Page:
Conifers have always been my favorite type of tree. I love how they stay green all winter (besides tamarack of course) offering a glimpse of color amongst all of the white snow. Though I do like all 13 of Wisconsin’s native conifers, I do have a favorite -Eastern hemlock (Tsuga canadensis). If you have ever walked through a stand of mature hemlock trees, you might understand why, if you have not, I will try to explain.
Walking through a stand of mature hemlock trees truly feels as if you are stepping into a totally different world. Unlike the surrounding forest that is full of a variety of different trees with shrubs growing in the understory as far as you can see, this stand of trees is a stark contrast. These giant conifers tower up towards the sky, with trunks too big to wrap your arms around, with green needles glistening against the snow, and with very few other plants growing beneath them besides baby hemlock trees. It’s beautiful! Eastern hemlock trees grow to be around 60-100 feet tall and can be between 2-4 feet in diameter. One of the biggest hemlock trees measured was 175 feet tall and over 6 feet in diameter! Eastern hemlocks are incredibly slow-growing trees and sometimes can take up to 250-300 years to reach maturity. They can also live to be around 800 years old! How amazing is that?
When I walk through the old stands of hemlock trees out here on our preserve, it makes me feel as if I am walking through our preserve hundreds of years ago. Because, for the most part, that is what our forest (and Two Rivers in general) would have looked like.
Recently we received the very first written/documented land survey that was ever done where our preserve now stands. This survey was done in 1835, which is almost 190 years ago! Eastern hemlock was listed as being the dominant tree species of this area. Almost every page had it listed. Why is it that if we take a walk out on our preserve or anywhere in Two Rivers really, do we not see as many hemlock trees as there once was?
Well, hemlock trees played an important part in the history of Two Rivers. Historically, people used hemlock trees as a source of tannin, which was used in the leather industry. By taking the inner bark of hemlock trees for tanning leather, a lot of the stands of hemlock were cut down (Tannery Road in Two Rivers is named after this concept). Luckily, we still have a few large stands of hemlock trees deep within our preserve, though not nearly as many as there were in the past.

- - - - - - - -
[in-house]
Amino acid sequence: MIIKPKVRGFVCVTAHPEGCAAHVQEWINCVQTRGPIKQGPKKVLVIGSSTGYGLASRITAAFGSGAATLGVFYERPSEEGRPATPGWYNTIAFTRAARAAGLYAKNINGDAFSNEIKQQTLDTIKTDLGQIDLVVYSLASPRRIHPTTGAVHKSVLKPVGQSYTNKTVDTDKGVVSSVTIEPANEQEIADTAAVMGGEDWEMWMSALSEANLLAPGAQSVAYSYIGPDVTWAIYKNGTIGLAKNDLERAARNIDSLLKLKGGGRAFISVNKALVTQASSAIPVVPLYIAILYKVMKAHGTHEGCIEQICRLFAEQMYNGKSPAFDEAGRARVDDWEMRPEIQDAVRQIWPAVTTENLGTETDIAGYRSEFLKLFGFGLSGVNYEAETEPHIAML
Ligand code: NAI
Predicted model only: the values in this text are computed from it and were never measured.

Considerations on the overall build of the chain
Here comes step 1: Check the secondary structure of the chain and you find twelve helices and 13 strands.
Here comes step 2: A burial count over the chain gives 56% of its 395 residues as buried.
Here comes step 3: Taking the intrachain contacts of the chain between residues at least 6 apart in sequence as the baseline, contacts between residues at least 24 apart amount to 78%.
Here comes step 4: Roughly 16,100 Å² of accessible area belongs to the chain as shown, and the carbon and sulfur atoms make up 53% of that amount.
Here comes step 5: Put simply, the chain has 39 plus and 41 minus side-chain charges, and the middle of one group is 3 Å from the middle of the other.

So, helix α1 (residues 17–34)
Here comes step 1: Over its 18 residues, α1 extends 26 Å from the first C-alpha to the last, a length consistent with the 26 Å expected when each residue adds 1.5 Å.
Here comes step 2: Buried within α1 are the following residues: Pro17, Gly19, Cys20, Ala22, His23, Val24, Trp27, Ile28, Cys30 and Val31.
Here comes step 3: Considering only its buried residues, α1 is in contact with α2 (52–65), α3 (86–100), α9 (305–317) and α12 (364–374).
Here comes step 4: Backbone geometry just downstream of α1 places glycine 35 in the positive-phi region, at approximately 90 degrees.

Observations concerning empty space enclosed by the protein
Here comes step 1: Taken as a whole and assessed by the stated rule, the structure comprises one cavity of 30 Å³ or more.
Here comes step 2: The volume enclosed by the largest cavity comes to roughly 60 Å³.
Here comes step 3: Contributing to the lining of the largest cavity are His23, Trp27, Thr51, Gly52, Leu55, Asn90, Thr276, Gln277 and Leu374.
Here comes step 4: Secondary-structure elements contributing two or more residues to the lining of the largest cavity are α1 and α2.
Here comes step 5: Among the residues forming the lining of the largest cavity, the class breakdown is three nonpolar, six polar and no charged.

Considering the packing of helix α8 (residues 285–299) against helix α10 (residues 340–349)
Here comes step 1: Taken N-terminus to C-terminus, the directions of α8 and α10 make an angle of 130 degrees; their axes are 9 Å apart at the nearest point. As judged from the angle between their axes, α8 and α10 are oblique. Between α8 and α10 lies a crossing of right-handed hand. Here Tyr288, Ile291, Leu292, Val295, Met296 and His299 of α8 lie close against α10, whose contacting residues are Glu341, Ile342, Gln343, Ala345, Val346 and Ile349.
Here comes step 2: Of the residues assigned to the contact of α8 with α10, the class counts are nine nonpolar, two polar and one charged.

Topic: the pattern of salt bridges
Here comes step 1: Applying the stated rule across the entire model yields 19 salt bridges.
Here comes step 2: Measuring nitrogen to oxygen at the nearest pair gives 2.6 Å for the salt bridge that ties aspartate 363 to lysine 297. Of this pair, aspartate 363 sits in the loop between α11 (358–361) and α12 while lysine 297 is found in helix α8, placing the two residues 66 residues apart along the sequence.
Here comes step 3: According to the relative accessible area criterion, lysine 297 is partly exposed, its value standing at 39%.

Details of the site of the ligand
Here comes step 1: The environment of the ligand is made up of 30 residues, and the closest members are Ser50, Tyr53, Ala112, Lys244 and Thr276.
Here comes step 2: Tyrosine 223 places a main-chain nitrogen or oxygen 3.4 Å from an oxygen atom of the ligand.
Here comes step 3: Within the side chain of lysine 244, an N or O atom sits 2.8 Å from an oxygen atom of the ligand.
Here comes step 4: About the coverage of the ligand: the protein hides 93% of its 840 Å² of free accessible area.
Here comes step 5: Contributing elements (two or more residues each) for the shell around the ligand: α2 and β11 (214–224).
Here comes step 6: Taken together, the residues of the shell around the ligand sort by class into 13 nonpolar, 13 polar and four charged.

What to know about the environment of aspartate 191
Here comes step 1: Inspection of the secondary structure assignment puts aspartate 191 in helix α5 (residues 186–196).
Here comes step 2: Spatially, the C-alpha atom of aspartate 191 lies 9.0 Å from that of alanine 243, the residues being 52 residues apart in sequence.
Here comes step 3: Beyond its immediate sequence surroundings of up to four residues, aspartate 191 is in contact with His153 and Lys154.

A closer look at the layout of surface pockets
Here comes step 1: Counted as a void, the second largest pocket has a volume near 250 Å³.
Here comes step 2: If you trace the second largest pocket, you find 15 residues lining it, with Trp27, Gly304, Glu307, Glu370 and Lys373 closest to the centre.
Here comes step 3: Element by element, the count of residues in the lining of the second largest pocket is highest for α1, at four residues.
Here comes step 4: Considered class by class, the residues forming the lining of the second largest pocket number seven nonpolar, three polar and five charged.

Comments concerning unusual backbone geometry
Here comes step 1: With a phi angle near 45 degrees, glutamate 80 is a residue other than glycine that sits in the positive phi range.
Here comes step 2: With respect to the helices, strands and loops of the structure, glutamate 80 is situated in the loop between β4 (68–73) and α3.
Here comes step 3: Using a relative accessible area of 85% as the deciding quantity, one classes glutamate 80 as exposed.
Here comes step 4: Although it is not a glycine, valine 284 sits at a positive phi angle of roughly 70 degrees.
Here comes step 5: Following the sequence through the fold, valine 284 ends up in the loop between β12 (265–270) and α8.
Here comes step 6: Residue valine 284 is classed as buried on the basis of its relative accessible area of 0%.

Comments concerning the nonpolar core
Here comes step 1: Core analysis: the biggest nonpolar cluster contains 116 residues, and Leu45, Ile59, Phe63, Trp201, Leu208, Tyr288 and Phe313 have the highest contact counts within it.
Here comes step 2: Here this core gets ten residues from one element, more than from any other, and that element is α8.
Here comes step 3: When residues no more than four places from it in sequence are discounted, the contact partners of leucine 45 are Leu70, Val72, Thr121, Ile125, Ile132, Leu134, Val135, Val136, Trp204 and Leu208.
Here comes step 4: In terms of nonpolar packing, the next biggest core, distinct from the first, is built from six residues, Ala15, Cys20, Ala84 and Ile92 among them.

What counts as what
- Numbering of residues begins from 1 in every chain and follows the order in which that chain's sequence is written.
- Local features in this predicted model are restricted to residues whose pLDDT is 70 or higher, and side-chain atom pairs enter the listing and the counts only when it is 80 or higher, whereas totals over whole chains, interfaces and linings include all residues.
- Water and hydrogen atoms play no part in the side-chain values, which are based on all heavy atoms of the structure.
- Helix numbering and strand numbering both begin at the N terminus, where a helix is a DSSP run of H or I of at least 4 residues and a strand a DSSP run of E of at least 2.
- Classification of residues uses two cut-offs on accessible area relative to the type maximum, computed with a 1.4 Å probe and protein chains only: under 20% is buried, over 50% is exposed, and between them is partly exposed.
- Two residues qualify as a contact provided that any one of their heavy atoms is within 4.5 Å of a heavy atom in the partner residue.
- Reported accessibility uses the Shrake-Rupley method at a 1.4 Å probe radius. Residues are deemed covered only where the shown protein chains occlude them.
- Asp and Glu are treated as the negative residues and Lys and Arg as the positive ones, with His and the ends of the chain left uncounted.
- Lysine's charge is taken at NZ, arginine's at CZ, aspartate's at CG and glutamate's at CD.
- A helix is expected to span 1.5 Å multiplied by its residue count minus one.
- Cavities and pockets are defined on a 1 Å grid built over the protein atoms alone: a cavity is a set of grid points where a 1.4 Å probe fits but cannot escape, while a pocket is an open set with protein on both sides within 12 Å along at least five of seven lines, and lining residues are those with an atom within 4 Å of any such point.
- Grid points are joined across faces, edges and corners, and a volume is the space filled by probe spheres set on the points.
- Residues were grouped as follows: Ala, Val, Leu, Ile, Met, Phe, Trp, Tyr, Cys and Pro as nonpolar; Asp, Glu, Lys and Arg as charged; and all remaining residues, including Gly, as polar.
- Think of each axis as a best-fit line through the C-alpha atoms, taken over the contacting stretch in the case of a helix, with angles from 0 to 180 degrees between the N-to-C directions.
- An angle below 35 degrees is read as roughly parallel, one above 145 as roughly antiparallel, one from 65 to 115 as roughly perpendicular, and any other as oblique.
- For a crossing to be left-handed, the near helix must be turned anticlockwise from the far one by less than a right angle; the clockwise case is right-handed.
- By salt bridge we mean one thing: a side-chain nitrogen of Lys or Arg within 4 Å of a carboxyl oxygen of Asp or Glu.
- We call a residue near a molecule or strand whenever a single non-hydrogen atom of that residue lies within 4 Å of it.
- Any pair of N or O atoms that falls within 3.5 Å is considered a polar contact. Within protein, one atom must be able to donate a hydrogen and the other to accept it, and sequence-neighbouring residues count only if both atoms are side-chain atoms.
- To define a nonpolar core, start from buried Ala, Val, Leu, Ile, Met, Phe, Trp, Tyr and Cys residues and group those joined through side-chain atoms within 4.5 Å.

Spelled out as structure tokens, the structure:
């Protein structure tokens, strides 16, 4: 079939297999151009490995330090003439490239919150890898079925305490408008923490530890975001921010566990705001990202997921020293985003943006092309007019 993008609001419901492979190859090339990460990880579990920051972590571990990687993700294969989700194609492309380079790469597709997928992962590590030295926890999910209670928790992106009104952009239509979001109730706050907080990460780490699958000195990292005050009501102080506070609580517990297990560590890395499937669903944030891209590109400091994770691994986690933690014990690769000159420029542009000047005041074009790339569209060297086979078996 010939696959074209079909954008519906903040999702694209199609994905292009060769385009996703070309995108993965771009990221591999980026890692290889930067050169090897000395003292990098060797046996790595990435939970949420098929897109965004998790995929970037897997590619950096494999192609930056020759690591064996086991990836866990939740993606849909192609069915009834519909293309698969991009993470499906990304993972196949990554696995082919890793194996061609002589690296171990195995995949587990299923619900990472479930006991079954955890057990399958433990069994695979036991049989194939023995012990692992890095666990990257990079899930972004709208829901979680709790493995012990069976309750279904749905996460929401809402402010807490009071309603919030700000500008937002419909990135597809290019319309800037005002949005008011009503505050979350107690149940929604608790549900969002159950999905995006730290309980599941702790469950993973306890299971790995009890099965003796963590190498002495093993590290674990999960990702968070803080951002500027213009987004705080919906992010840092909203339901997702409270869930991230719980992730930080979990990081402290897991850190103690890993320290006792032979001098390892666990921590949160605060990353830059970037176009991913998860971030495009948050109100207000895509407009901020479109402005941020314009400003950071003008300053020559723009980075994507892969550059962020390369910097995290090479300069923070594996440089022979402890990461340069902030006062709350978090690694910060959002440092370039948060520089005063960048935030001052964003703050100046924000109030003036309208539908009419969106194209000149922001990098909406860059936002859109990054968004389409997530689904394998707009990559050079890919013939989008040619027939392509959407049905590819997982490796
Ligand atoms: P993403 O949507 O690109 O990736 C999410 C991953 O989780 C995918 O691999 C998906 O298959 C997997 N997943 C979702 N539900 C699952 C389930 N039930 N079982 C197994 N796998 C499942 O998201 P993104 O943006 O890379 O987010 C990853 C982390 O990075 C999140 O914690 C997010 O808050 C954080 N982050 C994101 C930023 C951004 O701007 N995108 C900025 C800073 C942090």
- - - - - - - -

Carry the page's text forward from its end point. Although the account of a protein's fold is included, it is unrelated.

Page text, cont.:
Hemlock trees, besides being absolutely stunning, are incredibly important for wildlife. They are an important shelter and food source for many different animals. Turkeys, grouse, rabbits, porcupines, deer (and many other critters) use hemlock stands for shelter. A lot of smaller animals like red squirrels, mice, birds, etc. eat the seeds. Deer also find hemlock to be delicious, which in some areas can lessen the amount of hemlock, as the deer will eat the baby trees. Our preserve has a healthy deer population, but luckily they have plenty of other food options around so there are still plenty of little hemlock trees growing in and around the stands of mature hemlock. As many as 90 different bird species including black-throated green warblers, pine siskins, Acadian flycatchers, blackburnian warblers, and crossbills all love to nest, eat, and gather in hemlock stands.
Though the larger stands are out in the state natural area away from the trails, one of our trails can offer you a glimpse at the giant conifers. Perfectly named, Conifer Trail (located off of Columbus Street) has a lot of large eastern hemlock trees right alongside the trail, in addition to a lot of other conifers and deciduous trees that were seen in the past survey. It also happens to be, in my opinion, one of the best trails to go on in the winter because all of the conifers offer a glimpse of green as you walk through the snow (and the trees block most of the cold wind, so it is a win-win!).
Photo by Kennedy Zittel